ASTM C1709 provides a way to introduce alternative supplementary cementitious materials (ASCMs) into the marketplace. Supplementary cementitious materials include fly ash, slag cement, silica fume, and calcined clay. They can substitute for some of the portland cement in concrete. Used appropriately, they can enhance the properties of concrete while reducing its carbon footprint. ASTM has developed standards for each of these materials to lend confidence to the user that they are safe and effective.
However, as utilities shut down their coal-fired power plants in favor of clean-energy alternatives, fly ash supplies are already erratic, and they’re disappearing. On the other hand, fly ashes that don’t conform to ASTM C618 languish in stockpiles and retention ponds. These materials are not only a wasted resource, but also an environmental hazard. Is there any way to make use of them?
This is where ASTM C1709 comes in. It lays out a test protocol for alternative supplementary cementitious materials–that is, those that don’t conform to ASTM’s standards–to protect and give confidence to the user. That is, ASTM C1709 promotes sustainability by expanding the use of waste materials to improve concrete performance.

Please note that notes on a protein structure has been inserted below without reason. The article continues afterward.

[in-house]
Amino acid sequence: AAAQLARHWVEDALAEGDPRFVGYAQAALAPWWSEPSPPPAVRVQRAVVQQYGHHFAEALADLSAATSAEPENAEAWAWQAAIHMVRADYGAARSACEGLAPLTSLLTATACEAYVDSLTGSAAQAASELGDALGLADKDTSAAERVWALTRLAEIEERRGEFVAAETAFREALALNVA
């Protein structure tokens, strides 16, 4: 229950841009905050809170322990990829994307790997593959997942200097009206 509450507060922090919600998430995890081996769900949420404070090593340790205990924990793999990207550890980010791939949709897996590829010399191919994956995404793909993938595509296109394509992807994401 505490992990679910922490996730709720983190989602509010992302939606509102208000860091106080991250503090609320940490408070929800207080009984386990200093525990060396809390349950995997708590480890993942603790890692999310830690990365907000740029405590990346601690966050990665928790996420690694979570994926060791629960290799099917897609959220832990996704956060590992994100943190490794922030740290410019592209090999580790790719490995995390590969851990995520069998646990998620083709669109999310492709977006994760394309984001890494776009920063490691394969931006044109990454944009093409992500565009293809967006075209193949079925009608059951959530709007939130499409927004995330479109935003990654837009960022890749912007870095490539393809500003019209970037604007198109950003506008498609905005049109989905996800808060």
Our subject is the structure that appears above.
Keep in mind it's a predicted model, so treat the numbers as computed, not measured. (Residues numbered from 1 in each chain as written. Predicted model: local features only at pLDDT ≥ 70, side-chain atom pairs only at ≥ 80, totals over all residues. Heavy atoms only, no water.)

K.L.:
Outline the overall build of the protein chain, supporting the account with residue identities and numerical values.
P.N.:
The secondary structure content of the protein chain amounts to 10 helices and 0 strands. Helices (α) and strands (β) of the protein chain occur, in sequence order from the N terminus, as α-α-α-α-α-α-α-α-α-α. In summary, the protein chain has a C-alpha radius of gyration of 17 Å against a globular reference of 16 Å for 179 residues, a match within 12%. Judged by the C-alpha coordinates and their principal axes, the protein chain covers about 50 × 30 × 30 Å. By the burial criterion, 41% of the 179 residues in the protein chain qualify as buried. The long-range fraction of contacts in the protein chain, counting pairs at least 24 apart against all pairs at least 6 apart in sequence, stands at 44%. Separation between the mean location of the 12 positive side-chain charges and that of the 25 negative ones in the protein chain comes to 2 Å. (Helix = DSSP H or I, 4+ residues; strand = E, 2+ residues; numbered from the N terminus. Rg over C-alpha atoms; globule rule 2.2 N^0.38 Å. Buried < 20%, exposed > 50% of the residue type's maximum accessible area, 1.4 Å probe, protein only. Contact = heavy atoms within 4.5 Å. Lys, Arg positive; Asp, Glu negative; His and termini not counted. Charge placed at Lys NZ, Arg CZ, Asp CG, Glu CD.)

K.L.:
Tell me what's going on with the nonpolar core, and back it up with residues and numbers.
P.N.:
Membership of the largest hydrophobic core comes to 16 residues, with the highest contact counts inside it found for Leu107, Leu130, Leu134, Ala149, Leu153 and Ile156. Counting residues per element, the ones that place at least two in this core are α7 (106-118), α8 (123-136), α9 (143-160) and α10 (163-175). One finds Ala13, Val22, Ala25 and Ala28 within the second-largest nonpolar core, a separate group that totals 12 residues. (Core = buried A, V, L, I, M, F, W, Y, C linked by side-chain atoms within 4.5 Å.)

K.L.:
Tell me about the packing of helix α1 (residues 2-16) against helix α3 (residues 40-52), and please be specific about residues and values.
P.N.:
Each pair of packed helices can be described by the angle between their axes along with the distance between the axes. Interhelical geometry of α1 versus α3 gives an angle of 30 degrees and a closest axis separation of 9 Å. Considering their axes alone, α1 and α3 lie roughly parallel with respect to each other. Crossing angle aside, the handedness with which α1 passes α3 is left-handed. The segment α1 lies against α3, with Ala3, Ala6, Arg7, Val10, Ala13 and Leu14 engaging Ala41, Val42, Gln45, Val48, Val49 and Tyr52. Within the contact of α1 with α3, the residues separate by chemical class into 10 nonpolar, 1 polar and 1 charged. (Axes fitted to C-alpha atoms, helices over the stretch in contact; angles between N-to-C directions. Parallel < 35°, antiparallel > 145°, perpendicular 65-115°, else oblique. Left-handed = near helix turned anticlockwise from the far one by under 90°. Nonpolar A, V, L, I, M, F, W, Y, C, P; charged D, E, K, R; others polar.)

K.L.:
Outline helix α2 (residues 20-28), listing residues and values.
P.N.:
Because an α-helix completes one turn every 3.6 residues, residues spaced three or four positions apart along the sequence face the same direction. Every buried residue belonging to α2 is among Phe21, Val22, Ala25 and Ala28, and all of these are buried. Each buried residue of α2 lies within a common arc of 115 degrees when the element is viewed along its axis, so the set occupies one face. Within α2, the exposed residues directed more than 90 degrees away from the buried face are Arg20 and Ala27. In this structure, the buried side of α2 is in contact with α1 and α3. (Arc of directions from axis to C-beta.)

ASTM C1709 test protocol
The five stages of the test protocol are as follows.
I: Characterization of the material. As one would expect, this takes judgment on the part of the investigator. ASTM C1709 emphasizes the need to analyze for anything that could affect the hydration of the cement or the performance of the concrete.
II: Determination of suitable fineness. The finer the material, the more reactive it will be. Some materials may be too difficult to grind any finer. In that case, there’s no need to determine a suitable fineness–it is what it is.
III: Testing to specification C618 (fly ash and natural pozzolans), C989 (slag cement), or C1240 (silica fume). Each of these standards comprises a battery of chemical and physical requirements. In addition, ASTM C1709 includes tests for chlorides, soluble alkalis, and leachable heavy metals.
IV: Concrete performance tests. Depending on the intended application for the ASCM, concrete mixture proportions spanning a range of ASCM content and other variables must be tested for the desired properties. For example, concrete for an exterior walkway in the Midwest would need to withstand cycles of freezing and thawing and abrasion from snowplows. If the local aggregate is susceptible to alkali-silica reaction, the ASCM would need to control excessive expansions.
V: Field trials and long-term performance and durability. Once the material demonstrates acceptable performance in the laboratory, it must be tested in the field. At least three field evaluations of at least one year’s duration are required. If desired, these field tests may be concurrent.
For a discussion of how this process works in practice, click here.